Years ago, when he was around fourteen, he'd been all hipped on the idea of going to India. He read books about people sitting on rocks, naked, in all kinds of weather, but mostly bad, naturally, and walking barefoot through hot coals and arriving at wisdom. I used to say that it sounded to me as though they were getting away from wisdom as fast as they could. I think he sort of looked down on me for that.
James A. Baldwin
The walls, where there was room, were well decorated with calendars and posters showing bright, improbable girls with pumped-up breasts and no hips - blondes, brunettes and redheads, but always with this bust development, so that a visitor of another species might judge from the preoccupation of artist and audience that the seat of procreation lay in the mammaries. Alice Chicoy... who worked among the shining girls, was wide-hipped and sag-chested and she walked well back on her heels... She was not in the least jealous of the calendar girls and the Coca-Cola girls. She had never seen anyone like them, and she didn't think anyone ever had.
Agent Jones switched to the big screen and a grainy video of MoMo sitting at his enormous desk, a swivel-hipped Elvis clock ticking behind his bewigged head. 'Death to the capitalist pigs! Death to your cinnamon bun-smelling malls! Death to your power walking and automatic car windows and I'm With Stupid T-shirts! The Republic of ChaCha will never bend to your side-of-fries -drive -through-please-oh-would-you-like-ketchup-with-that corruption! MoMo B. ChaCha defies you and all you stand for, and one day, you will crumble into the sea and we will pick up the pieces and make them into sand art.
Inside the terminal at Keahole, they sat waiting to board, watching husky Hawaiians load luggage onto baggage ramps. Arriving tourists smiled at their dark, muscled bodies, handsome full-featured faces, the ease with which they lifted things of bulk and weight. Departing tourists took snapshots of them. 'That's how they see us', Pono whispered. 'Porters, servants. Hula Dancers, clowns. They never see us as we are, complex, ambiguous, inspired humans.' 'Not all haole see us that way... 'Jess argued. Vanya stared at her. 'Yes, all Haole and every foreigner who comes here puts us in one of two categories: The malignant stereotype of vicious, drunken, do-nothing kanaka and their loose-hipped, whoring wahine. Or, the benign stereotype of the childlike, tourist-loving, bare-foot, aloha-spirit natives.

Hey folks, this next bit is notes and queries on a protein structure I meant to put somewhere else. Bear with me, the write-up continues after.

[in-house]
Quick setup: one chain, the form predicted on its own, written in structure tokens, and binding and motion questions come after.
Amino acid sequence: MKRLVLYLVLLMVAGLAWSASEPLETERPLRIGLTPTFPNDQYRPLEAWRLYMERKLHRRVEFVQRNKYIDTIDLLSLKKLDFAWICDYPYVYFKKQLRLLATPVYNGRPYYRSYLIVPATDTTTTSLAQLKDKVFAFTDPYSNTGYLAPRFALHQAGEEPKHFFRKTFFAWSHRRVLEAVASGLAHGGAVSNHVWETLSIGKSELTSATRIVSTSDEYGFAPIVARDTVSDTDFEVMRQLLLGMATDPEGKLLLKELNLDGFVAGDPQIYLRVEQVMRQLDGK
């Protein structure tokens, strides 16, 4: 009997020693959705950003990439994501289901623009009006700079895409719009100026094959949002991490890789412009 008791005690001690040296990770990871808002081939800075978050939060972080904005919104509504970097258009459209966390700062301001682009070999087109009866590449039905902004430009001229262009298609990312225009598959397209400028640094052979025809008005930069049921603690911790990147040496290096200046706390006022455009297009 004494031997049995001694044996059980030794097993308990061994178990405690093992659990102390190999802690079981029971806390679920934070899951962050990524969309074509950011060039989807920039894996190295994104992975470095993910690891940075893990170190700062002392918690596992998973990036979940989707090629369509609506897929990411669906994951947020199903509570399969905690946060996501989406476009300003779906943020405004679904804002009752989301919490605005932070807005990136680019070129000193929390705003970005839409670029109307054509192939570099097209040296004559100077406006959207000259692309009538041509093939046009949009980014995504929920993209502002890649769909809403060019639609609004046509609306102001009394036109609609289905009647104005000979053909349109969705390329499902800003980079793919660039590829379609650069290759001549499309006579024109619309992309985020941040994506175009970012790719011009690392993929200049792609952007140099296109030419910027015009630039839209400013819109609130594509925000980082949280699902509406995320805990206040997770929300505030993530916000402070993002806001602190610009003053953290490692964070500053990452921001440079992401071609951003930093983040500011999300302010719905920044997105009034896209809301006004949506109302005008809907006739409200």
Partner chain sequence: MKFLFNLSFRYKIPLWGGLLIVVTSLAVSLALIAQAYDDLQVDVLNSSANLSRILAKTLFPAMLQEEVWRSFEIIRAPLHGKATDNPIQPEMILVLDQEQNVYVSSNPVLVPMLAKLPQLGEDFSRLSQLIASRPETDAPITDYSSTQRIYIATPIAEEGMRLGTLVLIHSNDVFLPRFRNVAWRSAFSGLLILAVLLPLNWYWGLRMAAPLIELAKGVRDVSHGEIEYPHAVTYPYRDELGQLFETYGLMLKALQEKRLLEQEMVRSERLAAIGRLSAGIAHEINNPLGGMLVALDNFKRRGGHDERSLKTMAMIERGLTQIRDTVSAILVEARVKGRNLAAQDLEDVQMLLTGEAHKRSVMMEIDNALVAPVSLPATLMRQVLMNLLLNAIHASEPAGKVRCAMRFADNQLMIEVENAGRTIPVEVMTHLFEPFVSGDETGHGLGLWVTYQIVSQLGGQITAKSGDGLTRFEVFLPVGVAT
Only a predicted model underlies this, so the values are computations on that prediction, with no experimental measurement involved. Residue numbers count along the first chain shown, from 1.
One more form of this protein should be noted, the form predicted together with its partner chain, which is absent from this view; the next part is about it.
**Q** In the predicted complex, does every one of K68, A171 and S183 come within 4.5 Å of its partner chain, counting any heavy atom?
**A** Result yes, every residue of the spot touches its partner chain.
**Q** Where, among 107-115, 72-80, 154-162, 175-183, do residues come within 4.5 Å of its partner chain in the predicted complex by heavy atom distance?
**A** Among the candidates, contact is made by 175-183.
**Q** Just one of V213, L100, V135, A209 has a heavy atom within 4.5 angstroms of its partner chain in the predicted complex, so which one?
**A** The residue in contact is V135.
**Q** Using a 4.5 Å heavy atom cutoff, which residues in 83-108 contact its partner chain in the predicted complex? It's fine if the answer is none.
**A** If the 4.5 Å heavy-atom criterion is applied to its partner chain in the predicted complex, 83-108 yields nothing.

But then I realized, they weren't calling out for their own mothers. Not those weak women, those victims. Drug addicts, shopaholics, cookie bakers. They didn't mean the women who let them down, who failed to help them into womanhood, women who let their boyfriends run a train on them. Bingers, purgers, women smiling into mirrors, women in girdles, women on barstools. Not those women with their complaints and their magazines, controlling women, women who asked, what's in in for me? Not the women watching TV while they made dinner, women who dyed their hair blond behind closed doors trying to look twenty-three. They didn't mean the mothers washing dishes wishing they'd never married, the ones in the ER, saying they fell down the stairs, not the ones in prison saying lonliness is the human condition, get used to it. The wanted the real mother, the blood mother, the great womb, mother of fierce compassion, a woman large enough to hold all the pain, to carry it away. What we needed was someone who bled, someone deep and rich as a field, a wide-hipped mother, awesome, immense, women like huge soft couches, mothers coursing with blood, mothers big enough, wide enough for us to hid in, to sink down to the bottom of, mothers who would breathe for us when we could not breathe anymore, who would fight for us, who would kill for us, die for us.